Configuration Management: Drupal 7 to Drupal 8

Andrea Pescetti
6 Jun 2014
1 Comment
Andrea Pescetti
6 Jun 2014
1 Comment
Andrea Pescetti, 6 Jun 2014 - 1 Comment

Configuration Management: Drupal 7 to Drupal 8

Features done right? Features done wrong? What changed, what improved, what's still missing.

This is a preview of Nuvole's training at DrupalCon Amsterdam: "An Effective Development Workflow in Drupal 8".

Nuvole gave two talks about the current status of Configuration Management in Drupal 8 at European Drupal events in the last few weeks: Drupal Days Milan 2014 and Drupal Camp Alpe Adria 2014.

Developers attending the events were mostly interested in how the future Drupal 8 Configuration Management capabilities will compare to Drupal 7, with and without the Features module (or, in general, with and without what we call the code-driven workflow).

Here is a comparison based on the current status of Drupal 8. Please note that CMI, the Configuration Management Initiative, is still under active development, and for example a couple issues mentioned in the slides have already been resolved, shortly after we gave our presentations. The very basic concepts, though, remain unchanged from our September 2013 post, so you might want to review that one if you have never heard about CMI before.

Configuration Management: Key differences between Drupal 7 and Drupal 8

Configuration is well-defined

In Drupal 7 it isn't always clear-cut whether something belongs in the "configuration" or "content" realm. Are vocabularies configuration? Are taxonomy terms configuration? And what about a taxonomy term whose ID is used as a contextual filter in a View? Several approaches to this are possible, like soft configuration.

In Drupal 8, configuration will be less subjective: Drupal has an "Export Configuration" function that exports all the site configuration; if something is not there, it is not considered to be configuration. Concepts like soft configuration still apply, but at least it's clear what is configuration and is not.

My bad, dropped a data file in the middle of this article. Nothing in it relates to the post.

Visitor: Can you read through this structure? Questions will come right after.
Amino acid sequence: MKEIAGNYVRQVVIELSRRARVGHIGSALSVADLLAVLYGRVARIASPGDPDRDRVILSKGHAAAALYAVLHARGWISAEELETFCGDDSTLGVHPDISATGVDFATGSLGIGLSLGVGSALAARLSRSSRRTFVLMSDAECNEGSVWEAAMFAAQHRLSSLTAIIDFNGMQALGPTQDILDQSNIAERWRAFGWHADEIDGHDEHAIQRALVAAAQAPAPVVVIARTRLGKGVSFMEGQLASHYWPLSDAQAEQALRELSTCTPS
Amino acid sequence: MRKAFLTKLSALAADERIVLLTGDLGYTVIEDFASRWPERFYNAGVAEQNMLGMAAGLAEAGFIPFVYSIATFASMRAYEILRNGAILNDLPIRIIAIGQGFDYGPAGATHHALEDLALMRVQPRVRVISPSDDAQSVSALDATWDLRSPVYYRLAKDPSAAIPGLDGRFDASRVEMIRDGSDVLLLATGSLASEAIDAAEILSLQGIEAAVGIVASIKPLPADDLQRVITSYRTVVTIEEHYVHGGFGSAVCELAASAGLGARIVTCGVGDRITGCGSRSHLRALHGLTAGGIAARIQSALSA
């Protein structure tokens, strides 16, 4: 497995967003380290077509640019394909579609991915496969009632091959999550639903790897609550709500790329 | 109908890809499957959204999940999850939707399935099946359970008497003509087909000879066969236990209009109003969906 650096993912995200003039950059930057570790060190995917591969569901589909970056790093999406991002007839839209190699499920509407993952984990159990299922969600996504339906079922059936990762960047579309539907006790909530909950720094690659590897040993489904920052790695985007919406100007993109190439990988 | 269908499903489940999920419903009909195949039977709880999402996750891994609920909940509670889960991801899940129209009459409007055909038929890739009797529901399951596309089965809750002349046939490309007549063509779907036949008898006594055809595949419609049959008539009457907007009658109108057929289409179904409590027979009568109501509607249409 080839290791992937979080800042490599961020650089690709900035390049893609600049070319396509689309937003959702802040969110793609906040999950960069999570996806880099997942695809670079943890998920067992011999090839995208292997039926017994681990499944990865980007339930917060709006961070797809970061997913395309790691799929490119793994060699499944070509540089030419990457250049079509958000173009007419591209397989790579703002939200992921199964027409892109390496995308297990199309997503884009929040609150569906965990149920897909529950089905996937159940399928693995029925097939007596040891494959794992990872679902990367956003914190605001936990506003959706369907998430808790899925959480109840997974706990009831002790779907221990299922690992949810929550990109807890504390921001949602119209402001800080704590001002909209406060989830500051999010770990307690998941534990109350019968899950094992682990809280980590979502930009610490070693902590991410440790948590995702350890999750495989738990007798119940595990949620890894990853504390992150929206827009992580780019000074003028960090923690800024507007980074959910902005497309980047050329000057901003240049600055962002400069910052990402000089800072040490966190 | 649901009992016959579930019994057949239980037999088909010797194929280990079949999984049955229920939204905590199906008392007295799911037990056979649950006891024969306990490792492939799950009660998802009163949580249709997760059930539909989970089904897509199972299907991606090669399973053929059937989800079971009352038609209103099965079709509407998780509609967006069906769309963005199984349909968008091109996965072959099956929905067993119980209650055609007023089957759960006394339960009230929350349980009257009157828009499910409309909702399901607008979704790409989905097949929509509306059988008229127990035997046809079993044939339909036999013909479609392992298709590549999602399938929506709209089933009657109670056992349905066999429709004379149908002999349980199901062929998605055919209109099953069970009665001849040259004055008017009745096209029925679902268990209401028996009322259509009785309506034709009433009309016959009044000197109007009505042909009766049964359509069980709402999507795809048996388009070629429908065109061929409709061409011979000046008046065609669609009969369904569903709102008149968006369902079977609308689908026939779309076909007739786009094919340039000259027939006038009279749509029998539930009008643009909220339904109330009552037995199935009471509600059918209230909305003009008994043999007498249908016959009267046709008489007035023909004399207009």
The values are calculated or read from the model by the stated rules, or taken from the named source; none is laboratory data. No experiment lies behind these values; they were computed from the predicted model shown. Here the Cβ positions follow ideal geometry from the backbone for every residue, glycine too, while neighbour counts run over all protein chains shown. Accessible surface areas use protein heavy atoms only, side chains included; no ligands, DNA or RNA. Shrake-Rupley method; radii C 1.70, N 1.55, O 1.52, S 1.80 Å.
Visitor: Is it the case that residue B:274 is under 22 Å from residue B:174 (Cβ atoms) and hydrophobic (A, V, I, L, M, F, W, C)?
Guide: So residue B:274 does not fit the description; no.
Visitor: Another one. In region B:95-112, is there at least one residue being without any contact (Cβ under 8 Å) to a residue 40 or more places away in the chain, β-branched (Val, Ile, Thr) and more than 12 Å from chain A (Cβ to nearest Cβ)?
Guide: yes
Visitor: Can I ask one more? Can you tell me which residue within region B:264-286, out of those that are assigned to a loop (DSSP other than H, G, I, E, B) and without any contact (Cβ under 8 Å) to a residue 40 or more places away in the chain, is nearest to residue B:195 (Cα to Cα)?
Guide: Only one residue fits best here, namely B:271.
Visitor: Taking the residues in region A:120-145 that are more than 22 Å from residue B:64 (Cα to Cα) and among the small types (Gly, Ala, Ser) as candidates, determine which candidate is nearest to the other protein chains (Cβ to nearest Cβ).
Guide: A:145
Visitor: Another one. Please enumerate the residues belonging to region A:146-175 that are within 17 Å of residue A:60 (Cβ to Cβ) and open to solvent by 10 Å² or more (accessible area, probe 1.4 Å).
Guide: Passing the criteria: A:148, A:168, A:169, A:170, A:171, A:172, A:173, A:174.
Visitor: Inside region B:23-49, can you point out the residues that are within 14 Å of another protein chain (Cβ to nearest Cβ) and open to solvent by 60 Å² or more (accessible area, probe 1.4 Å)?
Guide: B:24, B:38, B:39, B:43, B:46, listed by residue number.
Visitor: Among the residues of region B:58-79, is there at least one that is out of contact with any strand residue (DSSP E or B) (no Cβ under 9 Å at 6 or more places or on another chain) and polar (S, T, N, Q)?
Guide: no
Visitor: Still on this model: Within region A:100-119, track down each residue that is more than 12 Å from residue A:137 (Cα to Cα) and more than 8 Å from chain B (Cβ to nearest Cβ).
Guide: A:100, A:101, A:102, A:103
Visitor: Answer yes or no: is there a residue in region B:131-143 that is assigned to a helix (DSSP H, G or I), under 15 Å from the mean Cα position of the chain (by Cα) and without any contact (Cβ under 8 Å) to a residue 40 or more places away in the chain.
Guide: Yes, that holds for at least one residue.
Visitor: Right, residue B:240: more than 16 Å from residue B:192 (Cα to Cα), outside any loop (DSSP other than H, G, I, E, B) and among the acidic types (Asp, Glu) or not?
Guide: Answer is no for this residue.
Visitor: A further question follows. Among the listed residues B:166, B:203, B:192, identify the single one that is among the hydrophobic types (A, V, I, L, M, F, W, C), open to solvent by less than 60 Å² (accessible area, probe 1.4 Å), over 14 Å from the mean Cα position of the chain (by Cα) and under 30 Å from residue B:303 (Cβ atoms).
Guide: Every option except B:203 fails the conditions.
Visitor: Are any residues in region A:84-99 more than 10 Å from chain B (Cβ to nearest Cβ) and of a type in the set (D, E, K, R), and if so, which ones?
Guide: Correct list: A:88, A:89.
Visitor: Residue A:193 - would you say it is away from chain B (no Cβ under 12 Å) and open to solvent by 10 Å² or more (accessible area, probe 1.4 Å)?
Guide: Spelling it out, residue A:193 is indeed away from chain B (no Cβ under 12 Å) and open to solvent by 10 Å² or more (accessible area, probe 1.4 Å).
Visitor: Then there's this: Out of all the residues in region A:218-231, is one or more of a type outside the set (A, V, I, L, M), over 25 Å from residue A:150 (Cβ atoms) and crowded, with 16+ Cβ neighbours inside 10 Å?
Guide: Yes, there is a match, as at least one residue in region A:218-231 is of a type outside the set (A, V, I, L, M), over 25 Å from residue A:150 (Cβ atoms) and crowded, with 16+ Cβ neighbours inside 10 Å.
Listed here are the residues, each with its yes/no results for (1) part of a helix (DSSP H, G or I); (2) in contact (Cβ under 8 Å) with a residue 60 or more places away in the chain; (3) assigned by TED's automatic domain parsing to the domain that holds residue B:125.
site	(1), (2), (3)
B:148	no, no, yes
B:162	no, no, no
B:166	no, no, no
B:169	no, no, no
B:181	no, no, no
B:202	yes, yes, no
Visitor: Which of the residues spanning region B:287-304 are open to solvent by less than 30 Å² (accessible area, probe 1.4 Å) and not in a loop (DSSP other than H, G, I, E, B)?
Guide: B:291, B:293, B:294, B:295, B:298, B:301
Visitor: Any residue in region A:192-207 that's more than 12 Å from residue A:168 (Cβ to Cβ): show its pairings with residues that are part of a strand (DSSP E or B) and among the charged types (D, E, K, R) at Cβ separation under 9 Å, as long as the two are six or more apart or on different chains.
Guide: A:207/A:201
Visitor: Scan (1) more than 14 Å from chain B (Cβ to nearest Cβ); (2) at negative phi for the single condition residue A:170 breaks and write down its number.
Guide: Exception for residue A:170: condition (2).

Configuration is stored in files

Drupal 7, generally, stores configuration in the database, together with content. Only a little subset of configuration is read from PHP files. In Drupal 8 configuration will live in text files. Then, for several reasons (performance, safety, security), those files will actually be stored in the database by default (one of the most visible recent changes), but will still be accessed and managed as files.

Unified format and approach to configuration

A particularly annoying issue with Drupal 7 is that modules are free to set their own standards for storing configuration, so it is common to find sites where configuration is scattered among variables, database tables, objects exported via CTools, Features, and other places. Modules like Features at times need some "black magic" to guess where and how relevant configuration is stored.

The unified approach in Drupal 8, where all configuration is in the form of text files in the YAML format, is a great step forward. It removes the guesswork needed by Features in Drupal 7 to understand how to find and export components.

Staging configuration

In Drupal 7 you can have "staged configuration" through Features and the Features revert operation. Drupal 8 will introduce, out of the box, an "Import Configuration" facility that you can use to import either the whole site configuration or a single configuration file. The approaches are mostly equivalent, but on one side Drupal 7 + Features offers better packaging functionality, on the other side Drupal 8 will allow to import a complete site configuration (all variables, permissions...), something that is highly unpractical to do with Drupal 7 and Features.